Nigel Gould will become Board Chair from 1 August 2017. Mr Gould has been on the TEC Board since 2013 and is Chair of the Audit and Risk Committee. He is also Chair of the Civil Aviation Authority of NZ, the Young Enterprise Trust and Destination Marlborough.
Dr Alastair MacCormick has been appointed as a board member. Dr MacCormick has wide experience of the tertiary sector through both his executive and governance roles, including as Deputy Vice-Chancellor at the University of Auckland.
“I am delighted with these appointments. Mr Gould is well placed to lead TEC as it continues to support a robust tertiary sector and takes on its new careers functions, while Dr MacCormick has a wide experience of the tertiary sector and will bring a new perspective to the TEC Board,” Mr Goldsmith says.
“I would particularly like to thank the outgoing Chair, John Spencer and board member, Dale Karauria, for their service and convey my appreciation for the time and energy they have given. They have each made a valuable contribution to the TEC Board.”
The TEC is responsible for funding tertiary education in New Zealand, assisting people to reach their full potential and contributing to the social and economic well-being of the country. From 1 July 2017, it will also take on careers services following the disestablishment of Careers New Zealand.
Nigel Gould, Wellington
Nigel Gould is a chartered accountant, with a career in management positions, including as managing director of a publicly listed company, and establishment of businesses in a broad range of sectors. He is also Chair of the Civil Aviation Authority of NZ, the Young Enterprise Trust and Destination Marlborough. Mr Gould served on the Massey University Council for 10 years, including six years as Chancellor. In 1980, he was elected to the Wellington Harbour Board and became Chair. He continued this involvement with port governance as Chair of Centreport until 2008. He is a past President of the Wellington Regional and New Zealand Chambers of Commerce. Nigel Gould has been a member of the Board since 2013.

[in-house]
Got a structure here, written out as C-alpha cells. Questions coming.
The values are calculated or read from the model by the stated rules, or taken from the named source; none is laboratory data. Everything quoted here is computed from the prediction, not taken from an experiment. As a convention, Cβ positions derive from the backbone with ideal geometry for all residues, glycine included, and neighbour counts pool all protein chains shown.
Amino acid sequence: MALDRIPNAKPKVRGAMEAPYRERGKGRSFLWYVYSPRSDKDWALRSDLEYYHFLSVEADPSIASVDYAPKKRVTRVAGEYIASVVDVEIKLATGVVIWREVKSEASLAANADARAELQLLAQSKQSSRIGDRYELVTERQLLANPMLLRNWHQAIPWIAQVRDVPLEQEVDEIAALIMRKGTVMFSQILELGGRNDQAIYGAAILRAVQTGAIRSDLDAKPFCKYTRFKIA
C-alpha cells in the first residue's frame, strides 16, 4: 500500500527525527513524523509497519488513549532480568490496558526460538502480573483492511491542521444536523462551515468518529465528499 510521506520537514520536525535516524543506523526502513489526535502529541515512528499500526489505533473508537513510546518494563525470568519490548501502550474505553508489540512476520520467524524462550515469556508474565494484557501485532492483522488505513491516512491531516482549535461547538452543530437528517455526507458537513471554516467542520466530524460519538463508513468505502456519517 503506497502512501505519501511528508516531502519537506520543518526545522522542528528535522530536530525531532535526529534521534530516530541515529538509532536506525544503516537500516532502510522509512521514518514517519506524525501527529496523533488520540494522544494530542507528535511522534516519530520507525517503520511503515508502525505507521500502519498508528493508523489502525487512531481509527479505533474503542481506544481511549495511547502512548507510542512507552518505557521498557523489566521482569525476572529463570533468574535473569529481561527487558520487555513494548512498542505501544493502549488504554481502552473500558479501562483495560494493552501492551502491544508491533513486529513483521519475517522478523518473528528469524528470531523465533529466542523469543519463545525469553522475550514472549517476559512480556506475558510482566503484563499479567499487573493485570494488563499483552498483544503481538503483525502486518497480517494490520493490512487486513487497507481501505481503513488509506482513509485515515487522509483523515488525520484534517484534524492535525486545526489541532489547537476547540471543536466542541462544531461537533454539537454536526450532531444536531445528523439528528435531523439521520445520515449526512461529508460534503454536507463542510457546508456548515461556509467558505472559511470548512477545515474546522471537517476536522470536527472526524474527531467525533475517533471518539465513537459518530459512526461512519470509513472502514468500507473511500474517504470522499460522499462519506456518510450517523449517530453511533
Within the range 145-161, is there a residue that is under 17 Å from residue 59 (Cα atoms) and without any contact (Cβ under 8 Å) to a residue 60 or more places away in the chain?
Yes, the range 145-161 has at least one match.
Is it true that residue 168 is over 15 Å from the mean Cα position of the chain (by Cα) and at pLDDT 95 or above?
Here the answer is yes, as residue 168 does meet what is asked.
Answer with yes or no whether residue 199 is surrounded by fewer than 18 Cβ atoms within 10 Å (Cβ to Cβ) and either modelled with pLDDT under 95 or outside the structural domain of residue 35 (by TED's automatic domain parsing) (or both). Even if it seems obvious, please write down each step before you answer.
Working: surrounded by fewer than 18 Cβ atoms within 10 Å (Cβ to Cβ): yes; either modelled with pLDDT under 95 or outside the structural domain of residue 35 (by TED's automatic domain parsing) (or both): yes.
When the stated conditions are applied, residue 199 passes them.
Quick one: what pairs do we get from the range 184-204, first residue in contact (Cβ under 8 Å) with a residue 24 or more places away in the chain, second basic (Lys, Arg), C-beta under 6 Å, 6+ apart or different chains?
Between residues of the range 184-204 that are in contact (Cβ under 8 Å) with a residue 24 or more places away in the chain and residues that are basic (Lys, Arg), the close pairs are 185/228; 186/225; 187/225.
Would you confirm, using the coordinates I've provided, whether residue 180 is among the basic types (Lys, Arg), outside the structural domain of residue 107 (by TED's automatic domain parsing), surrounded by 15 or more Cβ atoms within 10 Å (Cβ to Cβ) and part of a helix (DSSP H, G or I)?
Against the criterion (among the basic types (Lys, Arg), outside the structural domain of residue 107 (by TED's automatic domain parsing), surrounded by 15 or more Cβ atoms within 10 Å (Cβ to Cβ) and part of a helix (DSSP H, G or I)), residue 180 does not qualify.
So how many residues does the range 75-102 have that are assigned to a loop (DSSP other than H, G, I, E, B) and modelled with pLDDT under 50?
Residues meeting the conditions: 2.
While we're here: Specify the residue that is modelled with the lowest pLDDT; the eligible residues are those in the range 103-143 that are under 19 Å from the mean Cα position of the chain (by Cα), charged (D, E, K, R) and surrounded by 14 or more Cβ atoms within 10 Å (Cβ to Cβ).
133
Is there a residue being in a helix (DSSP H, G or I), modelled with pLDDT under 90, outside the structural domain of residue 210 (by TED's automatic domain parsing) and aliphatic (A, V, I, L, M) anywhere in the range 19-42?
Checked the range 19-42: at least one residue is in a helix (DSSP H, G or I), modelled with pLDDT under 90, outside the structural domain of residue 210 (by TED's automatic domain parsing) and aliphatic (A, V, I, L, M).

Alastair MacCormick, Auckland
Alastair MacCormick was Dean of the University of Auckland Business School for fourteen years, subsequently becoming Deputy Vice-Chancellor. Since leaving the University, Dr MacCormick has been a professional director for a diverse range of public and private companies, including new venture companies with a technology focus. He is also Chair of many educational and charitable institutions and trusts, and is a former Chair of the New Zealand Education and Scholarship Trust and the Winston Churchill Memorial Trust.
Regulatory Reform Minister Paul Goldsmith has welcomed the Statutes Repeal Bill passing its third reading in Parliament tonight.
The Statutes Repeal Bill will repeal or partially repeal 137 pieces of legislation, and will reduce the total number of laws on the Statute Books by 128.
“With this Bill we are reducing the number of public Acts on the New Zealand law books by more than 10 per cent,” says Mr Goldsmith.
“Removing redundant law is just one small part of this Government’s wider work programme to improve the quality of the law that governs New Zealanders’ lives. The Government signalled this work in its response to the Productivity Commission report on Regulatory Institutions and Practices.
“I would like to thank members of the public who made submissions on the Exposure Draft of the Bill or on the Bill when it was before the Select Committee. This input was invaluable in identifying additional Acts for repeal and in ensuring that no repeals in the Bill had unintended consequences.
“More Acts of Parliament are likely to be redundant and others will outlive their original purpose and become redundant over time. These will be included in future Statutes Repeal Bills,” says Mr Goldsmith.
It is the Government’s intention to include a repeal of blasphemy in a Crimes Amendment Bill later this year, giving the public and political parties the opportunity to have their say, and for the relevant agencies to properly assess the impacts of the repeal.
The Statutes Repeal Bill can be found at HERE.